To date, said, Blythe, “roughly 35 schools of pharmacy in the United States offer didactic courses in veterinary medicine.” Additionally, three schools—University of Wisconsin, North Carolina State University, and Purdue University—offer residencies in veterinary pharmacy.
A pioneer in the education of pharmacists in veterinary medicine, Blythe developed an online course in 2001 that is offered through the University of Florida School of Pharmacy, where she serves as an adjunct. “This is a convenient way for both practicing pharmacists and pharmacy students to be educated in the field of veterinary medicine,” she said. Credits from the course may be transferred back to the student’s home school. Since its inception, about 3,000 students have completed the course.
Blythe has also developed continuing education courses in veterinary medicine for chain drugstores, including Target and Costco. “These chains said ‘We can do this. We can provide pet meds, but first, we need to educate our pharmacists,’” Blythe said.
At Walgreens, spokesperson Allison Mack told Drug Topics that “Walgreens pharmacies are able to dispense many of the commonly used prescription drugs for dogs and cats. Pets are a part of the family, and we cater to pet owners by offering a number of benefits through our Prescription Savings Club, which offers discounted pricing on common human medications often prescribed for pets,” said Mack.
“Our pharmacists may use various clinical resources that are specific to pets since animals respond differently to drug therapies than humans. They also work closely with veterinarians whenever they have a question on a pet prescription,” said Mack.
The market for veterinary medicine is a healthy one. According to a 2015 White Paper from the Federal Trade Commission (FTC), 65% of Americans currently own a pet, and retail sales of veterinary prescription medications are expected to top $10 billion by 2018. Additionally, 36 states have adopted laws, regulations, or policy statements that specifically or implicitly require veterinarians to provide their clients with a written prescription upon request. Veterinarians who don’t comply could face disciplinary action, according to the American Veterinary Medical Association, and such discipline could extend to veterinarians in states that haven’t enacted a specific law.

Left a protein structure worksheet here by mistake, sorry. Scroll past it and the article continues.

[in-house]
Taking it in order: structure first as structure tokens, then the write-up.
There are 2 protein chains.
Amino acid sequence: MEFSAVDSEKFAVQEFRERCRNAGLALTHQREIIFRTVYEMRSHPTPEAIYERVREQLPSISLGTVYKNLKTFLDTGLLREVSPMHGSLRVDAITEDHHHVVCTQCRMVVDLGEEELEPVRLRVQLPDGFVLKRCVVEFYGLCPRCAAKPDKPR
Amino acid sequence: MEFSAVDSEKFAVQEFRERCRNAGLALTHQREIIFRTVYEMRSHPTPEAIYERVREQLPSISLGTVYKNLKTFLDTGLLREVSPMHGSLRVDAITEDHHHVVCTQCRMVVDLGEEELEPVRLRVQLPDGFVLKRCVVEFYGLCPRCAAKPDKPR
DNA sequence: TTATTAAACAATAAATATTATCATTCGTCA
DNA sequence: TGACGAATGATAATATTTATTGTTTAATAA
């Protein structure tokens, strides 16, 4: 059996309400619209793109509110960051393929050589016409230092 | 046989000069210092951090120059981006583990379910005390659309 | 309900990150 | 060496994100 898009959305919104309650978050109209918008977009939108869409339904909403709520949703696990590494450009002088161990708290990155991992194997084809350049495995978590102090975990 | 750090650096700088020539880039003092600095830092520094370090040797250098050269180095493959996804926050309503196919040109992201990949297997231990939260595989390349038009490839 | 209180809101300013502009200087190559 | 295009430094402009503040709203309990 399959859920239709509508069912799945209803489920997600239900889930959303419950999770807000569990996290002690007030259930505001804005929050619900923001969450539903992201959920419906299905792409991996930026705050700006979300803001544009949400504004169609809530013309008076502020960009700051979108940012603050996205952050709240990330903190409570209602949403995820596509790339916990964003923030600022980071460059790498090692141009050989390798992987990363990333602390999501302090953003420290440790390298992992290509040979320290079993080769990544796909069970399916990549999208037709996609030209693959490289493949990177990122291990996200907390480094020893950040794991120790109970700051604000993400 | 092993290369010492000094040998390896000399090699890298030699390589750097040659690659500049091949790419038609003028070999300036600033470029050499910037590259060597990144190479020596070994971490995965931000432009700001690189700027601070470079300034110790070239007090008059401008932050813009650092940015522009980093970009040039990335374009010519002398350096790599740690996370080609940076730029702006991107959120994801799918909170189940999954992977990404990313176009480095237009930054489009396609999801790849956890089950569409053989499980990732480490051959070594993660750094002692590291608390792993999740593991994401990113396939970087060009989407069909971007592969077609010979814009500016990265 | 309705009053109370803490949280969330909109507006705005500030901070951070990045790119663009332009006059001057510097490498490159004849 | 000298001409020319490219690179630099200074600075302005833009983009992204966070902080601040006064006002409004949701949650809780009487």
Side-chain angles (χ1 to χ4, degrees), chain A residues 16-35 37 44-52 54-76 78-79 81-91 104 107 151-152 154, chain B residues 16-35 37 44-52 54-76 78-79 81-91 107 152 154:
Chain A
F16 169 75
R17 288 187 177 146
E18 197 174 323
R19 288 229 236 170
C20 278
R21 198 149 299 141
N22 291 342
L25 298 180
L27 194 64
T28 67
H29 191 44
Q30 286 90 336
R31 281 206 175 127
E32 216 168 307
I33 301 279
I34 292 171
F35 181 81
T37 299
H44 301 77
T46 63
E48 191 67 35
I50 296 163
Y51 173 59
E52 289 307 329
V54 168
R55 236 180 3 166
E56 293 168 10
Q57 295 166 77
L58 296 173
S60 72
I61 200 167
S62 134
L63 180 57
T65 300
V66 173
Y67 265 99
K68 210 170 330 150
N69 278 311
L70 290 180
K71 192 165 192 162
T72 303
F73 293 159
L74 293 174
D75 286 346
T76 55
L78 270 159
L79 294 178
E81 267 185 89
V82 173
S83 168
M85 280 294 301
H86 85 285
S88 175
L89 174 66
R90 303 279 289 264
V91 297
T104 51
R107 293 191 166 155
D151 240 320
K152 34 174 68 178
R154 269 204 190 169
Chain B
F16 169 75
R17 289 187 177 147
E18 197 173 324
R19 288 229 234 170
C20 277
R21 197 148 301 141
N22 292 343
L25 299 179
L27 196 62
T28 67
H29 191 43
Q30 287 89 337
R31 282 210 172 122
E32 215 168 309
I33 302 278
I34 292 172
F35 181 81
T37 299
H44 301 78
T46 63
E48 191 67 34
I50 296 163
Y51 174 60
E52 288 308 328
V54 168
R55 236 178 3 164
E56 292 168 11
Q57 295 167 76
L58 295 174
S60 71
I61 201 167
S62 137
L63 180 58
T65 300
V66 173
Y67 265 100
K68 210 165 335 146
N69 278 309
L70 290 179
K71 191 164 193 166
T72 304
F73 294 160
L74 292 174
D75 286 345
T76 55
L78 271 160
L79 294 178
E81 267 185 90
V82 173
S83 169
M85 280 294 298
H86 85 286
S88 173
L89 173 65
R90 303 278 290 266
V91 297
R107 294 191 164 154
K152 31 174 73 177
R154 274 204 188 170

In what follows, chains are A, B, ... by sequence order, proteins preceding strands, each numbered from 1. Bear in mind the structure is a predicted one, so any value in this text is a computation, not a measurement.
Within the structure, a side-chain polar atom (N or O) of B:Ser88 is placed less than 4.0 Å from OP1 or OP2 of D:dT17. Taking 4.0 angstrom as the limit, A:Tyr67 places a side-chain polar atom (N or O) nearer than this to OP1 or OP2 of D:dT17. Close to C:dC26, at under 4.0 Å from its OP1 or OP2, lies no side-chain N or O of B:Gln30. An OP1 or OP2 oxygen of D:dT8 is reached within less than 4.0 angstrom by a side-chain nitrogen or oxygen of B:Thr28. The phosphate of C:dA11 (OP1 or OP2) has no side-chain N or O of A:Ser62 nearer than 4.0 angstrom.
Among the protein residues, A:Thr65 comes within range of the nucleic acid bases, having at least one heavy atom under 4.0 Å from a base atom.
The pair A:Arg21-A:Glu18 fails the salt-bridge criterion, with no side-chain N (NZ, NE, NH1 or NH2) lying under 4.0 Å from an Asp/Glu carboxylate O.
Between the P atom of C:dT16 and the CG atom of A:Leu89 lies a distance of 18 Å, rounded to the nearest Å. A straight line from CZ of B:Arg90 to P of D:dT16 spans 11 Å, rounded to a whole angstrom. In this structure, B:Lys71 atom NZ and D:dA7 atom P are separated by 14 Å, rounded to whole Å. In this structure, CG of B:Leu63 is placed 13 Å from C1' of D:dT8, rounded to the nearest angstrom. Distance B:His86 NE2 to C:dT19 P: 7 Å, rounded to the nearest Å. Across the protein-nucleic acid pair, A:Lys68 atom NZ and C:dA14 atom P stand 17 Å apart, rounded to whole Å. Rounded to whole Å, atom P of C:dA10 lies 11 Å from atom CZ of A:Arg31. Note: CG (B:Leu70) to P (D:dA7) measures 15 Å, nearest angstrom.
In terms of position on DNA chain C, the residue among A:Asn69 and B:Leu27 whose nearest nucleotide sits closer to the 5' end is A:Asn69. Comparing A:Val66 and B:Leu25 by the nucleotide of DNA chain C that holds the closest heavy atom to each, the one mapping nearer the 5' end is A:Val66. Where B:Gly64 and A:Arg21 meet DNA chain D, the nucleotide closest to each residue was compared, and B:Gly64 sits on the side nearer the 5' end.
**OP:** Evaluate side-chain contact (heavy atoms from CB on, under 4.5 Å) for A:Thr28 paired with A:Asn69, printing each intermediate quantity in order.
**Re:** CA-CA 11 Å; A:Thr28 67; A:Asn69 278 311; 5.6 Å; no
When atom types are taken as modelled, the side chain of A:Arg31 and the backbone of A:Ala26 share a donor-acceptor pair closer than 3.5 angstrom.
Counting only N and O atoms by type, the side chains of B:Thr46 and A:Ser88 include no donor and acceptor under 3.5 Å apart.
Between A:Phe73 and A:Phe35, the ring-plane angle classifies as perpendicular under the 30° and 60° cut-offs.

Pet owners want convenience and cost-competitiveness when purchasing prescriptions for their pets, noted the FTC at a workshop. Irwin Rashkover, CEO of Animal Med Express, a company that supplies pharmacies with veterinary products, said the pharmacy is where the consumer can find the best price. “The vet would usually charge a mark-up of 100% to 200%,” he said. “The pharmacy can mark up their price from Animal Med Express to what the local market will bear. We suggest a conservative mark-up of 25% plus.” Dispensing pet medications can increase a pharmacy’s bottom line, he said.
Pharmacies should inform their customers that they can fill prescriptions for pets, Rashkover said. A retail pharmacy should have in-store advertising and should provide this information through their phone messaging system.
Rashkover noted that the market for veterinary meds will expand since pets, like humans, are living longer. For example, he said, a cat in kidney failure can live for years on fluid therapy. And like humans, animals are taking a greater number of medicines for chronic conditions.
As the market expands, veterinarians and pharmacists are fostering collaborative relationships. “We spend a fair amount of time having good conversations with vets, said Garvin. “We often put our heads together and problem-solve. And over time, an ongoing relationship tends to develop,” she concluded.